Future of NHS is ‘precarious,’ warns watchdog
The independent watchdog for health and social care in England says the country’s NHS faces a ‘precarious’ future because of the level of demands put on it.
The Care Quality Commission (CQC) has published its State of Care report today, and says that the quality of health and social care has been maintained, thanks to the efforts of staff and leaders.
But it also warned that the health and social care system is “at full stretch and struggling to meet the more complex needs of today’s population.”
It says that this means maintaining quality in the future is uncertain, just one year before the NHS reaches its 70th birthday.
The report sets out an analysis of the quality of health and social care across the country based on the first full round of rated inspections covering almost 29,000 services.
It shows that as of 31 July 2017, 78% of adult social care services were rated good as were 55% of NHS acute hospital core services; 68% of NHS mental health core services and 89% of GP practices and that many services originally rated as inadequate have now improved their rating.
But, there are also clear warnings from the changing nature of demand – increasing numbers of older people who are physically frail, many with dementia, more people with long term complex conditions – all of which is placing unprecedented pressure on the system.
Commenting on the report, Sir David Behan, chief executive of CQC, said:
“The fact that the quality of care has been maintained in the toughest climate that most can remember is testament to the efforts of frontline staff, managers and leaders. Many providers have used our inspection reports to improve, and we have seen improvements in safety in particular, although this area remains a big concern and focus for us. However, as people’s health and care needs change and become more complex, a model of care designed for the 20th century is at full stretch and struggling to cope with 21st century problems.”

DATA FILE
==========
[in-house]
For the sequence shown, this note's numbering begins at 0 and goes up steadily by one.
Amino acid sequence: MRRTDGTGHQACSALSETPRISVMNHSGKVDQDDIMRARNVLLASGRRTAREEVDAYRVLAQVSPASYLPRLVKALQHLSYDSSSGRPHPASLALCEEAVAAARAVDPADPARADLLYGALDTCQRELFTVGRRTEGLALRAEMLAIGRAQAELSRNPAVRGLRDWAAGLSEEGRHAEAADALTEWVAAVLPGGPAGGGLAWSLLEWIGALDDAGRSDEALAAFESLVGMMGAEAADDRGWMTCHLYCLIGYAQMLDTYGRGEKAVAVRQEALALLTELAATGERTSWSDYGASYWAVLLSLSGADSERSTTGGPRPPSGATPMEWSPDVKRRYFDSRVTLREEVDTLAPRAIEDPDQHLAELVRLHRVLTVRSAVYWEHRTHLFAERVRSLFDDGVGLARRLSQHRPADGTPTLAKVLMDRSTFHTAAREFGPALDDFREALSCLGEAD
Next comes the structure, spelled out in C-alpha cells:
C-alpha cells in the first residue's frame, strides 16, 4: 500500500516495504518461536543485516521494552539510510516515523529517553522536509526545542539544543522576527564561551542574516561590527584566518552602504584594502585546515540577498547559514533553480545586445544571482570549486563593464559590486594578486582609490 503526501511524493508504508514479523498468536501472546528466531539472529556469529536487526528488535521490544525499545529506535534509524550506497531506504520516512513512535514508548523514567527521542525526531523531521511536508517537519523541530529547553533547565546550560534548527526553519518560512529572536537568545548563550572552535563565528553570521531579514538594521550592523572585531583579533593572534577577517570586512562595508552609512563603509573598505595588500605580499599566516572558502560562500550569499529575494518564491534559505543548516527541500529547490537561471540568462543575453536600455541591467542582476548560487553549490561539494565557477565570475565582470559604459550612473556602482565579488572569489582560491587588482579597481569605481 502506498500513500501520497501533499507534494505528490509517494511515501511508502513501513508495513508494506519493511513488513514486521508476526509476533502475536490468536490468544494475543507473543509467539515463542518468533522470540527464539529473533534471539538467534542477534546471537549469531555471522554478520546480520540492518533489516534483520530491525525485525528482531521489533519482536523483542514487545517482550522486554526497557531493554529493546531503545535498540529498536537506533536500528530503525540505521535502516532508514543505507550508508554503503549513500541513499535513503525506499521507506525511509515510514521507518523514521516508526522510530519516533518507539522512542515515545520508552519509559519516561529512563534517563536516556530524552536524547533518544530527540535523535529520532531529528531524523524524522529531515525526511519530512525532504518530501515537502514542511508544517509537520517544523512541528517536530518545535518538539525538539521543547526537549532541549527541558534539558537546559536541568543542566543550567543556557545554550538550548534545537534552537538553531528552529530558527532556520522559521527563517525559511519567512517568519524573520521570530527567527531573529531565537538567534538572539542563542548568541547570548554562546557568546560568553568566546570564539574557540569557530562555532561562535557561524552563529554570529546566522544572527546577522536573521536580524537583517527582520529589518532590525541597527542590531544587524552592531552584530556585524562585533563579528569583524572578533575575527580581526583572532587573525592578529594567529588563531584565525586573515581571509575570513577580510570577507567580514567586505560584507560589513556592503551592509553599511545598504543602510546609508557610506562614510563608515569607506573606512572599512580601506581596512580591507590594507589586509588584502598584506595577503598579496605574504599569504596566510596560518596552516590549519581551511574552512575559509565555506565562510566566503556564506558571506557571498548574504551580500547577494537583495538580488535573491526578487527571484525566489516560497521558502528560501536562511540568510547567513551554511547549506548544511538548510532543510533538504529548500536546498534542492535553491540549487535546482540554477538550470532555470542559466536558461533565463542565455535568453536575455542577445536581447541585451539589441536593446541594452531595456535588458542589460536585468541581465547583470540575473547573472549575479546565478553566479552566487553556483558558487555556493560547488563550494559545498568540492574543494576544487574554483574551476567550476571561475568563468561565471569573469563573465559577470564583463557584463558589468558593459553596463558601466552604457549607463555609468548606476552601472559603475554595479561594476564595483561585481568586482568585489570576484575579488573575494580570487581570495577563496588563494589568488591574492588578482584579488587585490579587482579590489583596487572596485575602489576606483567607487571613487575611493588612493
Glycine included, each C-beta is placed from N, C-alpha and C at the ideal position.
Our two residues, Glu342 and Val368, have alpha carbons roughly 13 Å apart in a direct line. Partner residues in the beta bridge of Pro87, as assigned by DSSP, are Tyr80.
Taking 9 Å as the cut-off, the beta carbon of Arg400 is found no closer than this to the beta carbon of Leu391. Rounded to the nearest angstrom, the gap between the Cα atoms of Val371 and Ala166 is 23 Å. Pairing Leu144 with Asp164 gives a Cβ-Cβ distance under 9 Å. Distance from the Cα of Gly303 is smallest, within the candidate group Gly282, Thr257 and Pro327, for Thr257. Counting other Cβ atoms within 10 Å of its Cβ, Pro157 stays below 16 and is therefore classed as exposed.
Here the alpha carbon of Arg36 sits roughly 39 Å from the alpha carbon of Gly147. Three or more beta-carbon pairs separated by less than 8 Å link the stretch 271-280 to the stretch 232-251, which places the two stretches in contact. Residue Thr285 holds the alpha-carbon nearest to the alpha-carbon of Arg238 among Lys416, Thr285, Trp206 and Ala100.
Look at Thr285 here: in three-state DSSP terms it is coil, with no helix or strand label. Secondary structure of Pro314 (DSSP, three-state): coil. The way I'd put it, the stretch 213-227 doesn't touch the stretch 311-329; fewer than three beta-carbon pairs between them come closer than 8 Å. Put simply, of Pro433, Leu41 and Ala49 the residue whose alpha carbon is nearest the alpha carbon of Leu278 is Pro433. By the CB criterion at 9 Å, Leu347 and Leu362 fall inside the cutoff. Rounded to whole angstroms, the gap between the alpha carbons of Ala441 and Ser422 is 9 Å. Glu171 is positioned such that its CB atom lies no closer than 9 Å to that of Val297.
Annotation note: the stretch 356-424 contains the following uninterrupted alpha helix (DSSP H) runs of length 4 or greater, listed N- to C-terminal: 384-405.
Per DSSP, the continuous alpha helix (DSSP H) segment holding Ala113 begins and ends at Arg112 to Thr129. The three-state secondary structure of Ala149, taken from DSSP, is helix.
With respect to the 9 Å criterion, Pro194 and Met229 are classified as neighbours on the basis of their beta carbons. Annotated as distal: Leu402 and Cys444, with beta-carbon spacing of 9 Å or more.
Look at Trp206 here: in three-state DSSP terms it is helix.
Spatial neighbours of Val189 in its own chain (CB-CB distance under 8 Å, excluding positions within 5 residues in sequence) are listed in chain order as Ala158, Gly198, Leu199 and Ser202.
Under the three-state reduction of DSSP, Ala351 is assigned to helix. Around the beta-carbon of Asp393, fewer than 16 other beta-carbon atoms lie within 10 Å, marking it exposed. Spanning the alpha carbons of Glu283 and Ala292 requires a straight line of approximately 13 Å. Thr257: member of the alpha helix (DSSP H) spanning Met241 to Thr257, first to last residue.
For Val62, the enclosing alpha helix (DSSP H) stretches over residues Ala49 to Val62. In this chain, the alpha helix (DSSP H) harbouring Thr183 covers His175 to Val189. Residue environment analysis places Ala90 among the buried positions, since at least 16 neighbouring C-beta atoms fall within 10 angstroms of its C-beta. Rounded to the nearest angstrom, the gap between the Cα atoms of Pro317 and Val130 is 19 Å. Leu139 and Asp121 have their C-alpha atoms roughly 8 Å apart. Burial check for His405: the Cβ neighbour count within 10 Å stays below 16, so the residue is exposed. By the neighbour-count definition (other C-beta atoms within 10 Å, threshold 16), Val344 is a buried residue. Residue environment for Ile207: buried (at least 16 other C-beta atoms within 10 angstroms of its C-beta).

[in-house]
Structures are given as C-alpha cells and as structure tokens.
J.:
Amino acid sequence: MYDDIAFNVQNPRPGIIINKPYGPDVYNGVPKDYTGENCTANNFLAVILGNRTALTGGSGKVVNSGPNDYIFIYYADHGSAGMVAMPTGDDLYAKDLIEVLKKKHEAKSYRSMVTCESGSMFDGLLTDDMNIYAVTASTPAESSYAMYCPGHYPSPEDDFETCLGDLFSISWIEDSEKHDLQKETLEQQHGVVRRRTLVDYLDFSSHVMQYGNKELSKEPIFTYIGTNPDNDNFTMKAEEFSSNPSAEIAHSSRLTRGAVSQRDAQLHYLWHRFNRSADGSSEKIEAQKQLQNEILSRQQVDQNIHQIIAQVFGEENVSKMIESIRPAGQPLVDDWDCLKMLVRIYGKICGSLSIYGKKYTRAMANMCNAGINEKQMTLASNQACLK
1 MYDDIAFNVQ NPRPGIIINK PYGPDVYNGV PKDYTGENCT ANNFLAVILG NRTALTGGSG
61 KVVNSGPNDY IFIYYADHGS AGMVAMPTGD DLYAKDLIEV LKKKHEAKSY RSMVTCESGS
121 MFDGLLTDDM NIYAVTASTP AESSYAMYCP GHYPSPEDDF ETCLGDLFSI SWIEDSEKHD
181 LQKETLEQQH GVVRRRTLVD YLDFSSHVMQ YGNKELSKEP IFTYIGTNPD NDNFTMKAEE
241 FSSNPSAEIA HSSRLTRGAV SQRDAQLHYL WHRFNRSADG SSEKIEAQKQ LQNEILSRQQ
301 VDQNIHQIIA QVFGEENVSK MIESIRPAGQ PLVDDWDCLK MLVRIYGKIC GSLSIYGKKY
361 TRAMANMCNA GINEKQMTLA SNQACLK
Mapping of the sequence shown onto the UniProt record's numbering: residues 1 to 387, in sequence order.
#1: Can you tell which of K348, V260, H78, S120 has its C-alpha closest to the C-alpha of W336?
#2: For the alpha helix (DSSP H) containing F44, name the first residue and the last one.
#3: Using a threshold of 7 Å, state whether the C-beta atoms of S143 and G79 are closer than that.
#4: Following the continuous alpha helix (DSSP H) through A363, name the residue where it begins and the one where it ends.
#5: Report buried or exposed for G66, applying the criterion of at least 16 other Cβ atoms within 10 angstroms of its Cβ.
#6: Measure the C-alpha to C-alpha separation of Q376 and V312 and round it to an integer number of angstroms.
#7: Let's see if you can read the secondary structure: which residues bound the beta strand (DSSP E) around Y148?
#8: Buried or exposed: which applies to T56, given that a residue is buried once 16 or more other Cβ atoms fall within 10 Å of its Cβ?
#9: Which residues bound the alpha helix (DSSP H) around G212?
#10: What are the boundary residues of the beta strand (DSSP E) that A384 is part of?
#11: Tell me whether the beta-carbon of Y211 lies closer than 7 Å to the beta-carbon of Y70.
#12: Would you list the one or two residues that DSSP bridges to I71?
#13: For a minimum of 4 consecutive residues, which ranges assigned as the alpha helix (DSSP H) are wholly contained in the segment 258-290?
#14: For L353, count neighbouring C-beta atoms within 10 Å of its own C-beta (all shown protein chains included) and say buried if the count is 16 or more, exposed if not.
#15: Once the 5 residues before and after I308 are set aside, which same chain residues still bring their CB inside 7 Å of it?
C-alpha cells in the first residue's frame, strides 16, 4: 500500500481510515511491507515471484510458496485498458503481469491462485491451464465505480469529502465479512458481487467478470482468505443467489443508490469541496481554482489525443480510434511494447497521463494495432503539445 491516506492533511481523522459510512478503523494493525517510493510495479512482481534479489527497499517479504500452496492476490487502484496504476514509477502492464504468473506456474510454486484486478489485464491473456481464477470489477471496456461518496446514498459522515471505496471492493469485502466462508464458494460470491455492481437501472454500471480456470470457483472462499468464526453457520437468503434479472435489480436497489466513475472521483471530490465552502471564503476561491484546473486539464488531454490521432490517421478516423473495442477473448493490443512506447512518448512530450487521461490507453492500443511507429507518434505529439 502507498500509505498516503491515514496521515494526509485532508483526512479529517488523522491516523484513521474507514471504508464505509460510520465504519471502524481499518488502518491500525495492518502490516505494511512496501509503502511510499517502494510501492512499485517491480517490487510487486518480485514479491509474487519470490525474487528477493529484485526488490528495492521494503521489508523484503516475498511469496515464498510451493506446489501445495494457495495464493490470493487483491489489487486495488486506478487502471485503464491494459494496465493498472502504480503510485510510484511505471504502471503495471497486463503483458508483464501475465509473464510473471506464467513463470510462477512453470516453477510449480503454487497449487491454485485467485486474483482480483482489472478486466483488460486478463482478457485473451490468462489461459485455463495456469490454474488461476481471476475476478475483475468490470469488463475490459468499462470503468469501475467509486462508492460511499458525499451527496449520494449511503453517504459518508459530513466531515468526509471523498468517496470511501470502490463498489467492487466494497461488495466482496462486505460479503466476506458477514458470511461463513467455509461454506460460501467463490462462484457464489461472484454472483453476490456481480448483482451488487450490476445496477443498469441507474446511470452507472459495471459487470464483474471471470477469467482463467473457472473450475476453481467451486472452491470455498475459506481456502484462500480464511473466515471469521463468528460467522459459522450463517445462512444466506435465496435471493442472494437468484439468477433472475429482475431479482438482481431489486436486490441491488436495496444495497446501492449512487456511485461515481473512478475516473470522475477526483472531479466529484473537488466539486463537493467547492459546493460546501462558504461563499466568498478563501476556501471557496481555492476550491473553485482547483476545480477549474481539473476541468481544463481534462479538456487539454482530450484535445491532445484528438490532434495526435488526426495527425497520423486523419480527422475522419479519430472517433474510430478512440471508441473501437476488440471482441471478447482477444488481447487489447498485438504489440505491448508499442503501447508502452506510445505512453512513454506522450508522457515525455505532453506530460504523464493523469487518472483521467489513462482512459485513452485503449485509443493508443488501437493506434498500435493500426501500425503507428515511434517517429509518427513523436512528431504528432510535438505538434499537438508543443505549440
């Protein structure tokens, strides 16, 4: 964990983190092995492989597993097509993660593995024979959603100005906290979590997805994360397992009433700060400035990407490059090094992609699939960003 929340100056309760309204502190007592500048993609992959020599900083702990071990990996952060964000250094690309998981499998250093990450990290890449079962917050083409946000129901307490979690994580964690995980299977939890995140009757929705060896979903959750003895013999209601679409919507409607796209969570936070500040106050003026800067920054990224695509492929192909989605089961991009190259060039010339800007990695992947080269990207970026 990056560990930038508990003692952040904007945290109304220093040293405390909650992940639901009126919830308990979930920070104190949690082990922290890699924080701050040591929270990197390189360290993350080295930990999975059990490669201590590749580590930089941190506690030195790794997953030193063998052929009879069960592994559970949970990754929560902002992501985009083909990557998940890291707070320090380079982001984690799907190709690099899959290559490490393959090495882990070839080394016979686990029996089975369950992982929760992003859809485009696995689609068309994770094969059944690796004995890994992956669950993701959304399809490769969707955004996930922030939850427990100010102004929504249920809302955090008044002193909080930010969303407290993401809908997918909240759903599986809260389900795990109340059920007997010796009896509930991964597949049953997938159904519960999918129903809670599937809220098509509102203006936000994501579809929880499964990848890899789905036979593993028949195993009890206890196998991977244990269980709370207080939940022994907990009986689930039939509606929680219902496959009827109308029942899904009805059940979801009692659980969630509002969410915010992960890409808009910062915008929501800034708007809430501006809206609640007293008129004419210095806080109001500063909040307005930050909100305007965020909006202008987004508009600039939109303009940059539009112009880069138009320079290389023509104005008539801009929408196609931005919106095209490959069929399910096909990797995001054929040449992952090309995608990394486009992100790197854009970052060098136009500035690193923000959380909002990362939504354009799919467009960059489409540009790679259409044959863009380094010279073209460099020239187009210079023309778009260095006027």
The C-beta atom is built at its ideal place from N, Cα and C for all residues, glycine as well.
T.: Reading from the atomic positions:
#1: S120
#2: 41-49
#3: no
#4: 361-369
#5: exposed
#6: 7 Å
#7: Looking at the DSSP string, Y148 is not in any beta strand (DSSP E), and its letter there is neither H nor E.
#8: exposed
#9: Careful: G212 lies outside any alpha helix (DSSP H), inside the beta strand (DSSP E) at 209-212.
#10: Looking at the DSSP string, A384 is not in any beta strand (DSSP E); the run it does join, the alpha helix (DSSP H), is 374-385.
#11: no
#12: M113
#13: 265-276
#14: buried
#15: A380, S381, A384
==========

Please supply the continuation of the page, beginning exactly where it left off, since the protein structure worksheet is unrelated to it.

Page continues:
Hospitals under growing pressure
The government’s decision to scrap the longstanding 18-week waiting target for surgery earlier this year was a clear sign that the NHS couldn’t deliver because of rising workloads and static budgets.
More and more people are also now waiting more than four hours in A&E, and there are now more planned operations cancelled.
In adult social care, the number of nursing home beds has fallen across most of England, and domiciliary care contracts are being handed back to councils because providers say the funding is insufficient to meet people’s needs.
Responding to the CQC report into the state of healthcare in England, Niall Dickson, chief executive of the NHS Confederation, which represents organisations across the healthcare system, said:
“It would be a tragedy if the NHS’s 70th birthday was remembered as the year England’s care system collapsed, but today’s report reveals real concerns that mental health and social care services are not sustainable. Contracts are being handed back leaving more individuals at risk.”
Dickson agreed that the future of the NHS was “precarious,” with one in eight older people already not getting the help they need.
The CQC report acknowledges there is more local services can do to improve co-ordination and the way services are organised, but Niall Dickson said the “inescapable conclusion has to be that without further government funding today’s perilous state will become tomorrow’s tragedy.”
“As CQC has pointed out, this is one of the major unresolved public policy issues of our time. It is time government and indeed all the political class woke up to this challenge and accept that if social care goes down, we all go down.”
Health minister Philip Dunne told The Guardian newspaper that the report recognised that the “vast majority of patients” were receiving good care and that many parts of the NHS had improved.
The minister said the government was determined to make the NHS the safest healthcare system in the world, and pointed to investment in more staff and in services. This includes £2bn extra for social care, £1.4bn to improve young people’s mental health services and an extra £100m this winter to help A&E departments cope with demand.
The fear is that the unprecedented pressure on NHS services makes a major safety scandal more likely, such as that seen at the Stafford Hospital in the late 2000s.
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